Contact Success and Failure Updates

With some suggestions from Jacob Liberman I’ve updated how I track contact success and failure. You may have noticed this in the stats I recently posted for Vancouver. At some point I will likely update the stats from previous tournaments as well.

The old method considered all made tackles as “contact successes” while lumping missed tackles and offloads together as “contact failures”. First, I never liked that offloads were coded as failures. I don’t believe offloads are inherently successful. Success is determined by the result of the offload; Did it create a break? Did it result in a turnover? This outcome-based classification should also apply to made tackles. Missing a tackle is bad, creating a turnover is good, and making a tackle is just something you do to prevent a missed tackle and create the opportunity for a turnover. As these shortcomings suggest, the old method was unsatisfactory in identifying the success of teams in contact situations.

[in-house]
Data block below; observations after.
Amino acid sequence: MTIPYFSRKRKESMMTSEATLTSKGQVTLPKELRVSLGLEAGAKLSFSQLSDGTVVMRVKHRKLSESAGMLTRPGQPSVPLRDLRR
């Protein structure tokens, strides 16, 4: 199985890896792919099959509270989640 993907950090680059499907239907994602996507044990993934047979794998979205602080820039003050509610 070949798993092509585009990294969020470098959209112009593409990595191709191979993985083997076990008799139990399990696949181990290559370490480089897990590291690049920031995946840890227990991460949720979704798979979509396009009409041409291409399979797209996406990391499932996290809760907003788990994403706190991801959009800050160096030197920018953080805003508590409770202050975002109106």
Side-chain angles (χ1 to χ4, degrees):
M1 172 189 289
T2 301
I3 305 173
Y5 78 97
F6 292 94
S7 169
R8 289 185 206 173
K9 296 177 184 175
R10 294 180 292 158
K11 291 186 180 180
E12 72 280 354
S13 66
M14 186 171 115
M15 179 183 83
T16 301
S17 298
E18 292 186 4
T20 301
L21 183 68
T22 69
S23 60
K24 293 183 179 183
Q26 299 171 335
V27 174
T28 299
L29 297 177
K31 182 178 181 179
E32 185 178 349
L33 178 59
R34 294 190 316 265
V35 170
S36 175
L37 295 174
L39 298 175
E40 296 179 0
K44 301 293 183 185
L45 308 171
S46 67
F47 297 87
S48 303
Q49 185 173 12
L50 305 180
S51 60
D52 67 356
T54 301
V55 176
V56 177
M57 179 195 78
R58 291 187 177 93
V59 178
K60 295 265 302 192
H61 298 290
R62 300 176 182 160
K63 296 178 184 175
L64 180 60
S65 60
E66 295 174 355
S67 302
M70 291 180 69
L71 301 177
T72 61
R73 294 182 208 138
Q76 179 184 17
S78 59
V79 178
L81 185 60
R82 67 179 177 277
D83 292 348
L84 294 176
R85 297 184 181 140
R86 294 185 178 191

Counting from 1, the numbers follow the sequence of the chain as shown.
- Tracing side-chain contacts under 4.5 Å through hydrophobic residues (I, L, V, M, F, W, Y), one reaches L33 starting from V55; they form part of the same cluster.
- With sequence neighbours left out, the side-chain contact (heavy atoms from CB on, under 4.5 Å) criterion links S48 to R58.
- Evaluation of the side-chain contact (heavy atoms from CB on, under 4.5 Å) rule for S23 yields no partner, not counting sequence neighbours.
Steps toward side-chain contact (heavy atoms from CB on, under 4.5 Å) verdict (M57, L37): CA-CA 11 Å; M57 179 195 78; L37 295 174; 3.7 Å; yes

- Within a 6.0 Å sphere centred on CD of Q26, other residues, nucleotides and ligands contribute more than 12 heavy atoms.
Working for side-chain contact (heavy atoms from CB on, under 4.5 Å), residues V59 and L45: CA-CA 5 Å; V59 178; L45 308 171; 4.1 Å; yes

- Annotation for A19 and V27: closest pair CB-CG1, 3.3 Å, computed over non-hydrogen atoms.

Now made tackles that don’t result in a turnover and completed offloads that don’t result in a turnover or a break are considered “neutral events”, neither success nor failure. Given that turnovers and breaks are relatively uncommon, most teams will have a large portion of their contact situations classified as neutral. Missed tackles, half-breaks, breaks, and especially turnovers are the significant moments in a possession. The new method classifies these events accordingly.

To help illustrate the change, I included a chart that plots contact success rate and contact failure rate by team through the Vancouver tournament. It’s a first stab at determining whether the new method is useful for identifying teams strong or weak in contact. The rates seem to not only identify differences in teams but do so in a way that correlates with other important defensive metrics like opposition try rate, opposition breaks, and opposition meters. Considering how a large portion of defense is based on contact, this is encouraging.

There is certainly more to be learned from contact success and failure. But tracking those situations according to their outcomes – and, in doing so, describing more precisely which teams are “good at contact” – should provide a better foundation for answering future questions.